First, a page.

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Alphabet Soup

The humorous world of acronyms

Alphabet Soup

I just got back from the SUC, put on by BYI, and it was SCG.

Sorry, what I meant to say was that I just got back from the Systems User Conference, put on by Bally Technologies, and it was—you guessed it—a stone cold groove.

I’m still trying to fit in with all the systems and IT folks, who pretty much communicate in Acronymese. Evidently, engineers and other systems types have so very much to say that it would just take too long to pronounce all those syllables.

I’ve written about the conference (see Casino Futures article) utilizing the same method by which I’ve communicated for some 55 years, using complete words gleaned from the English language.

OK, I didn’t really use complete words for the first couple of those years, when my speech included such observances as “goo,” “baba” and “pascetti” (a form of pasta). There were also a few years there in the early ’70s I may have made the same types of observances, but I don’t remember. However, generally, I have tended to employ complete words as a means of communication.

But at the systems conference, everybody was talking about DMs, SDS, ACSC, CMP Clouds, GUI screens, the RGS, the STM, the VDI…

WTF?

I eventually learned what they all meant, and now, as Cab Calloway used to say, I’m “hep to the jive.” But I must admit, my eyes were glazed over for a while, especially when they pronounced the acronyms as if they were real words instead of a series of letters. I now know that GUI stands for “graphical user interface,” and they weren’t really talking about “gooey screens.”

(At first, I thought there was some kind of new monitor made of maple syrup, or perhaps peanut butter. I wondered if there were also creamy screens and crunchy screens.)

I also now know that VDI is a “virtual data interface,” and not a new communicable disease. (That’s right, VDI is not an STD.)

After further review, I’ve come to realize that the excessive acronym usage (EAU) employed by the Bally systems people is not necessarily just because they are systems people. It’s because a lot of them also are young people, who are accustomed to communicating on smart phones, even with people who are in the same room. Smart-phone-speak is the same as Twitter-speak, in that brevity is valued above all else, whether or not the English language is massacred in the process.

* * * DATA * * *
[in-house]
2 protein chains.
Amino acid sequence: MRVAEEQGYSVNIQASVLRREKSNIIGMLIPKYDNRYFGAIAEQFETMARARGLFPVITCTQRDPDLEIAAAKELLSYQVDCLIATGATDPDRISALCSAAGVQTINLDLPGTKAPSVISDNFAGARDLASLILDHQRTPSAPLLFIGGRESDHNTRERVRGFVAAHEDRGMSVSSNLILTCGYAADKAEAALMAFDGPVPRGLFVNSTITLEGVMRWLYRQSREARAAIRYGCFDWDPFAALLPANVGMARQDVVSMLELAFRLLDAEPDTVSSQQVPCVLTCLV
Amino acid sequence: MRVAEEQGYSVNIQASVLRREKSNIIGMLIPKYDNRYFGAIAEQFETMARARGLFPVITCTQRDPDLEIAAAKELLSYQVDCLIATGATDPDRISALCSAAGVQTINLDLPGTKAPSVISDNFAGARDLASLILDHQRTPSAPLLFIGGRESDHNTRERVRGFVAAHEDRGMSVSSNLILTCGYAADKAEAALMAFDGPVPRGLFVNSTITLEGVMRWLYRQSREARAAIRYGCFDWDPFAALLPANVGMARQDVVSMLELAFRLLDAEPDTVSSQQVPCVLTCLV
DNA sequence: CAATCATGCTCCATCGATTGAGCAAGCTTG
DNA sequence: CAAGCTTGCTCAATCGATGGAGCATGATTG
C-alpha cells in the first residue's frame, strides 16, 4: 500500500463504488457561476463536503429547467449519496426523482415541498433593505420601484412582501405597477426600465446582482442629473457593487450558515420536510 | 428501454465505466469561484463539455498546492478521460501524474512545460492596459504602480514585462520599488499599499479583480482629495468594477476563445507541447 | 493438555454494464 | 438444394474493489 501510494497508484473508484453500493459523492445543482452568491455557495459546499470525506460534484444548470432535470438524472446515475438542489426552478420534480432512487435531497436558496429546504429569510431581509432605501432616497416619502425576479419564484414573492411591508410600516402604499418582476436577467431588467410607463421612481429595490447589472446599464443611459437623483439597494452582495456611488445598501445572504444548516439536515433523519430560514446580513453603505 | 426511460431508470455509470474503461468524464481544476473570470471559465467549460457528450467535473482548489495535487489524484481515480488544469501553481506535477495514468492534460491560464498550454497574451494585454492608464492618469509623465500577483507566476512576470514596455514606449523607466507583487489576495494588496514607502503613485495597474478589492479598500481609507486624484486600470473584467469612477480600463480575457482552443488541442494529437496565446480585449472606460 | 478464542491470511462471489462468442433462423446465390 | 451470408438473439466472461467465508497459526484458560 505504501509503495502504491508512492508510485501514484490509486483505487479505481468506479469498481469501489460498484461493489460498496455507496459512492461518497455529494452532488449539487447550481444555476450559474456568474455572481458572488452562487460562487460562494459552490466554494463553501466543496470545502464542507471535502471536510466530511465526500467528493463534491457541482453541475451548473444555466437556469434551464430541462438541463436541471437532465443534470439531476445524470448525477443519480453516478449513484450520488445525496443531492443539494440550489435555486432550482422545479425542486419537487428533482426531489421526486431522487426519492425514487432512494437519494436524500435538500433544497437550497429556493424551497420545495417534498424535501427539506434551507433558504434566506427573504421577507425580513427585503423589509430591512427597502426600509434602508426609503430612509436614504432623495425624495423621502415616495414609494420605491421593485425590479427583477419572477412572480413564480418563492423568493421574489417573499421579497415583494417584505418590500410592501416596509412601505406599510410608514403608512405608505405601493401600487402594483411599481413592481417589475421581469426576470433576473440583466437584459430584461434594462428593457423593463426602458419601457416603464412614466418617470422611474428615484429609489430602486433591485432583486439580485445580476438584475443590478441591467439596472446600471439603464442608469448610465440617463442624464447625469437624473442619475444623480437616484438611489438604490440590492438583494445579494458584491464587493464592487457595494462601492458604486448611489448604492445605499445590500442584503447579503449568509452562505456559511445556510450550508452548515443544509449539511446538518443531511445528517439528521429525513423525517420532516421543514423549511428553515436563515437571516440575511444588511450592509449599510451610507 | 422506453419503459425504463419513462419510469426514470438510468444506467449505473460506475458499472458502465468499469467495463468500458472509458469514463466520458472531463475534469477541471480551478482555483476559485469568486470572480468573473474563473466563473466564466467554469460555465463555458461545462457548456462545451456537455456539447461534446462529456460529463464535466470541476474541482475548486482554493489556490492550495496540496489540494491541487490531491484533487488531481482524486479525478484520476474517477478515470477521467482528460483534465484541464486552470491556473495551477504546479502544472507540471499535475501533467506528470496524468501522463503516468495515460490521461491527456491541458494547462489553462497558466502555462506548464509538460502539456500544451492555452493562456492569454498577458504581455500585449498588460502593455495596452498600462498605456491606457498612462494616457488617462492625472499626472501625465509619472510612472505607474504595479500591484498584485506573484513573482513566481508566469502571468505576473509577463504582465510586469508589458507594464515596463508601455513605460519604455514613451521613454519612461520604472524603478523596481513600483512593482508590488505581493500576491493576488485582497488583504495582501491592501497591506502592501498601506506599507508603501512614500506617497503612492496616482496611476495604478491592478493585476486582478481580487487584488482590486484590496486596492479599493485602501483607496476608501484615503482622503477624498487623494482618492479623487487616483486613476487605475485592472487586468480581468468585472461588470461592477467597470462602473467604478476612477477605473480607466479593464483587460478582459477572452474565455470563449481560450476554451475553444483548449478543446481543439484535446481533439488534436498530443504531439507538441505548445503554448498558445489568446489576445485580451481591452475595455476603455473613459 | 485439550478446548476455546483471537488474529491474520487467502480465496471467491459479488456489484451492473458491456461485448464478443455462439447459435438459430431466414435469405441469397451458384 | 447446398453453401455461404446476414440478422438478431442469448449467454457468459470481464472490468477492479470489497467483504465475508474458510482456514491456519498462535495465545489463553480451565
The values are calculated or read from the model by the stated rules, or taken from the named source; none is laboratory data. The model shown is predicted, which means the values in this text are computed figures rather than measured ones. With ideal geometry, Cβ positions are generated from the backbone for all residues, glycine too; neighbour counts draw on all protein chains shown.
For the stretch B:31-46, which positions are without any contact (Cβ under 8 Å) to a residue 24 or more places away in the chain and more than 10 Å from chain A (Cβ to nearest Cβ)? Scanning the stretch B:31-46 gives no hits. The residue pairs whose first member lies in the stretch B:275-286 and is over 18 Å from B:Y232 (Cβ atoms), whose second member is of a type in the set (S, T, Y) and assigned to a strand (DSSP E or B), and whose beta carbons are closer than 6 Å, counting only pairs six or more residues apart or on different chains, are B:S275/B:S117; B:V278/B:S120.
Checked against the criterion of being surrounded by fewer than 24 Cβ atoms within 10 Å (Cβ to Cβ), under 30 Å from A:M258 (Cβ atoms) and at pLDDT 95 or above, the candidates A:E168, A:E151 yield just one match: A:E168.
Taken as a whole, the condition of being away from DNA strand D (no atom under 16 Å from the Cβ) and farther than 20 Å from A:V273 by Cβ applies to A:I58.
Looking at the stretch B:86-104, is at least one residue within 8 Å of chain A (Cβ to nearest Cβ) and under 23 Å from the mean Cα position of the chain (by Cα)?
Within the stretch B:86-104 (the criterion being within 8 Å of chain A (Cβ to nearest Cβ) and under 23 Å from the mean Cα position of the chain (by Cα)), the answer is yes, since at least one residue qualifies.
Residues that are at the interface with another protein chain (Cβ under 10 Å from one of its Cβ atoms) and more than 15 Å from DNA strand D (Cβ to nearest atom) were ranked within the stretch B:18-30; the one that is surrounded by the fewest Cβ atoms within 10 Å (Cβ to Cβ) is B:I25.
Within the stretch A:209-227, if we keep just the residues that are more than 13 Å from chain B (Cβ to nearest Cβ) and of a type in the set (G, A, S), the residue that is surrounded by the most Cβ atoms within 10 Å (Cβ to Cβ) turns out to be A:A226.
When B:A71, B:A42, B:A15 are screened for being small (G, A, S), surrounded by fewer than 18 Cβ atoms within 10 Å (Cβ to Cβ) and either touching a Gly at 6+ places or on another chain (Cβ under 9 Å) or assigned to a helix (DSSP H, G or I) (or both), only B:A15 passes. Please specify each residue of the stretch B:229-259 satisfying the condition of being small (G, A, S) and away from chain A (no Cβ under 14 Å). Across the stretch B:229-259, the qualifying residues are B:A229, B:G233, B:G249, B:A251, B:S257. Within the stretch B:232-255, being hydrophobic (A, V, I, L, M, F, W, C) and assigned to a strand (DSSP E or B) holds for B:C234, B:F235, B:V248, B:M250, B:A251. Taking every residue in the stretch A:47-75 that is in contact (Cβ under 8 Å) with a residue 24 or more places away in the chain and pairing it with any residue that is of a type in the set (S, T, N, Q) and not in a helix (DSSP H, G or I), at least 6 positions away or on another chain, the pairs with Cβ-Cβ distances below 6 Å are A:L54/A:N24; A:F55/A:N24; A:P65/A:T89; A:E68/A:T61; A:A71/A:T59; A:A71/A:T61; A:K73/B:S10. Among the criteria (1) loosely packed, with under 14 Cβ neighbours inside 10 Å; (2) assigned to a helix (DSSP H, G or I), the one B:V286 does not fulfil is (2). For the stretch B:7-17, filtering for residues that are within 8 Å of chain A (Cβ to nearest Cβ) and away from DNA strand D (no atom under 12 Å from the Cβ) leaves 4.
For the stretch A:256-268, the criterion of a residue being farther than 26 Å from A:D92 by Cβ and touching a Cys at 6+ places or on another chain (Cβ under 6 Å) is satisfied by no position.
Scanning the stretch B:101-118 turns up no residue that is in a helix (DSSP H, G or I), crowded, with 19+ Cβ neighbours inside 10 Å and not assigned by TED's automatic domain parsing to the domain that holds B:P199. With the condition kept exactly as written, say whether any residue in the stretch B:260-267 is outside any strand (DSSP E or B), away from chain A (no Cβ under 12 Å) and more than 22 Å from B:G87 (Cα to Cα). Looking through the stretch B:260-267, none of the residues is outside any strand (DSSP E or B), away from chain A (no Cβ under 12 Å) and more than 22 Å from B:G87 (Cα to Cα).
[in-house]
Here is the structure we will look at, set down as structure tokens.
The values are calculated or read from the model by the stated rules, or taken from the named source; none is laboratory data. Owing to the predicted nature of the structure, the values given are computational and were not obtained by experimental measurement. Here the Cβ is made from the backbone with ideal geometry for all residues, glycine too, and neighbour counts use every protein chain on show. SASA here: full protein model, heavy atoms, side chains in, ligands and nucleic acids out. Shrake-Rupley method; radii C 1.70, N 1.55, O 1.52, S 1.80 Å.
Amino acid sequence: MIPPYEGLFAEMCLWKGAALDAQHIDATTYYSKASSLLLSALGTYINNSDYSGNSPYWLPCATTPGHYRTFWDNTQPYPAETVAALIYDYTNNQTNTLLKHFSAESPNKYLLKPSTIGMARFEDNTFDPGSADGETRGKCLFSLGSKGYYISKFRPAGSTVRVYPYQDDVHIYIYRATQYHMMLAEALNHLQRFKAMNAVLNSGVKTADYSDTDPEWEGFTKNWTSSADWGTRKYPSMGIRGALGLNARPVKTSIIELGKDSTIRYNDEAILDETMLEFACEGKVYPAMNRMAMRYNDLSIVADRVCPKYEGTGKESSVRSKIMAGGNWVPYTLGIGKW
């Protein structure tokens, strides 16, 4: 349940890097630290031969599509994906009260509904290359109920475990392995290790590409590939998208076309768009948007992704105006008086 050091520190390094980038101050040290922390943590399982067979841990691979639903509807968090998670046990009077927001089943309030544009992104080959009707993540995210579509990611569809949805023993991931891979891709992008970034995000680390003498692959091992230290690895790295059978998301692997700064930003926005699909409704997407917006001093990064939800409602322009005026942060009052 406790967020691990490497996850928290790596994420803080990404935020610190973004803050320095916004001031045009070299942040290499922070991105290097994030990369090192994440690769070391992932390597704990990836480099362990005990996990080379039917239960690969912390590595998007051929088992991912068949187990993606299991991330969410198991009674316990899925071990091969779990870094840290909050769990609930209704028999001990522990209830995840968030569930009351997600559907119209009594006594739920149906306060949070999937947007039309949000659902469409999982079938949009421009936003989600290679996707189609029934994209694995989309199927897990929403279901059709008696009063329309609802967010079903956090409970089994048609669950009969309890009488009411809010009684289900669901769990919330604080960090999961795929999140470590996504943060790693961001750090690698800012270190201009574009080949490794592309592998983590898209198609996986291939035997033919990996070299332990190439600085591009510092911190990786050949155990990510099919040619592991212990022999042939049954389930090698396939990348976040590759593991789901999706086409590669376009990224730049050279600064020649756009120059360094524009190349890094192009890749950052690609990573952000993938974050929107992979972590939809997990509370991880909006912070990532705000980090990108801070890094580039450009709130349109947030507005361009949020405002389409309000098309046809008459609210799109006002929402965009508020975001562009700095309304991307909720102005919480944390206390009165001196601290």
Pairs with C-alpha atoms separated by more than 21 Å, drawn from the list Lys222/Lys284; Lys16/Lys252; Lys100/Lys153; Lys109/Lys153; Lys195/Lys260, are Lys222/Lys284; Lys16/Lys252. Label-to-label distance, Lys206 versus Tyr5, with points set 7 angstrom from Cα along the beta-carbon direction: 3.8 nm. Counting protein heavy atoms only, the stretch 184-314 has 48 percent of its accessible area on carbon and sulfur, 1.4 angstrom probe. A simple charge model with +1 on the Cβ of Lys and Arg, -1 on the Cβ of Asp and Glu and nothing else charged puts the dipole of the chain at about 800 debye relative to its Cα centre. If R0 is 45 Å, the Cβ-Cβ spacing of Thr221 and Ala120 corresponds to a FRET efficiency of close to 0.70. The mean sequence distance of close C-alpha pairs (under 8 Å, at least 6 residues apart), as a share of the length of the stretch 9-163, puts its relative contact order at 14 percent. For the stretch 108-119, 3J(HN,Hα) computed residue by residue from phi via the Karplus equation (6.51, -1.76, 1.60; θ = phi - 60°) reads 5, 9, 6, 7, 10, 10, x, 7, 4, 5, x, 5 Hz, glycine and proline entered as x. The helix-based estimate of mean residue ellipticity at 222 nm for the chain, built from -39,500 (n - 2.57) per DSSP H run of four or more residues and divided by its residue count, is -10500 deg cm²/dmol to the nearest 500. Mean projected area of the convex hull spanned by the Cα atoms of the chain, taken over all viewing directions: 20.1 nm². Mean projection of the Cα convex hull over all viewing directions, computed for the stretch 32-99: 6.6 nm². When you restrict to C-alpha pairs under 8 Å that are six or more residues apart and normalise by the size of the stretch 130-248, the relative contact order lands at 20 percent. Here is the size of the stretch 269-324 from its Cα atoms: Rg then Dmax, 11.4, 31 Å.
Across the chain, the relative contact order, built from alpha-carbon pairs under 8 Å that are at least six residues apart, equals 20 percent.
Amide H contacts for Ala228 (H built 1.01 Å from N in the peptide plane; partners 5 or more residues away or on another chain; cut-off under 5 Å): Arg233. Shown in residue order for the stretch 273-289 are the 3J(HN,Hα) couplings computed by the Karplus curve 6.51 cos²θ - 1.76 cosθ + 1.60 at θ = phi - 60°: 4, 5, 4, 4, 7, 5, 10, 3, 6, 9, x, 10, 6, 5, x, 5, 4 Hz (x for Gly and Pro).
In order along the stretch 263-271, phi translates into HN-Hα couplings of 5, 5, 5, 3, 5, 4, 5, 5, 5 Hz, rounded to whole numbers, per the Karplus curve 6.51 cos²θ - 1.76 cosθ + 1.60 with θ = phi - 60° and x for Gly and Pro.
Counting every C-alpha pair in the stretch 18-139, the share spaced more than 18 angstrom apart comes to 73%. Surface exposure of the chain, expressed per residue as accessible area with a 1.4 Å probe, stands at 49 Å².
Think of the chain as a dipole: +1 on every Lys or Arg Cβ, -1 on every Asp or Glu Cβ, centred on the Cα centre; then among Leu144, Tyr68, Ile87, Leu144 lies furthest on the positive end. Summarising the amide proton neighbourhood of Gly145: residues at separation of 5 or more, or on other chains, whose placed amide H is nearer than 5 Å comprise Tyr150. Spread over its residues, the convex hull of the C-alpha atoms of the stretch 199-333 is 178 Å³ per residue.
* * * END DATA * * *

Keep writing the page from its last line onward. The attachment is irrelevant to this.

For the record, I take longer to type a text than many of you young whippersnappers, because I refuse to substitute the letter “U” for the word “you.” (Would it kill you to type two more letters, for crying out loud?) If I’m going to be right back, I say I’m going to be right back. I’ll never BRB. I’ll never LOL, or, for that matter, LMAO. If someone texts something funny to me, I’ll text back, “That’s funny.” It may take another second or two, but I’m willing to sacrifice that time in defense of proper grammar.

While I will continue to spend these extra phone minutes in defense of the English language, I still plan on attending systems user conferences until I can sling acronyms like a pro.

My daughter is an engineer for the U.S. government, and she told me they have acronyms which actually have other acronyms inside the acronyms. It’s called “acronym nesting,” something I have heretofore only seen on The Simpsons:

 “Come to Homer’s BBBQ. The extra B stands for BYOBB.”

“What’s the extra B in BYOBB stand for?”

“Oh, that’s a typo.”

 

Incidentally, my daughter prepared for her acronym-filled government career with an internship in electrical engineering at Bally Technologies. (I’m not kidding.)

 

Anyway, as I said before, I thoroughly enjoyed the conference, except for the trip home, which was on an airplane that had about six inches between my face and the seat back in front of me, and naturally, the rather rotund gentleman in that seat had to recline until I thought I was giving birth to him. I kicked at the seat back, as if to say, non-verbally, “Please remove your massive self from my lap,” but he did not budge. I should have flung a few choice acronyms at him.

 

By the way, the person who suggested I devote a column to Bally acronyms was Bruce Rowe, the company’s senior vice president of strategy and customer consulting, or as he likes to call it, SVPSCC.

 

He’s my BFF.

Frank Legato is editor of Global Gaming Business magazine. He has been writing on gaming topics since 1984, when he launched and served as editor of Casino Gaming magazine. Legato, a nationally recognized expert on slot machines, has served as editor and reporter for a variety of gaming publications, including Public Gaming, IGWB, Casino Journal, Casino Player, Strictly Slots and Atlantic City Insider. He has an B.A. in journalism and an M.A. in communications from Duquesne University in Pittsburgh, PA. He is the author of the books, How To Win Millions Playing Slot Machines... Or Lose Trying, and Atlantic City: In Living Color.  

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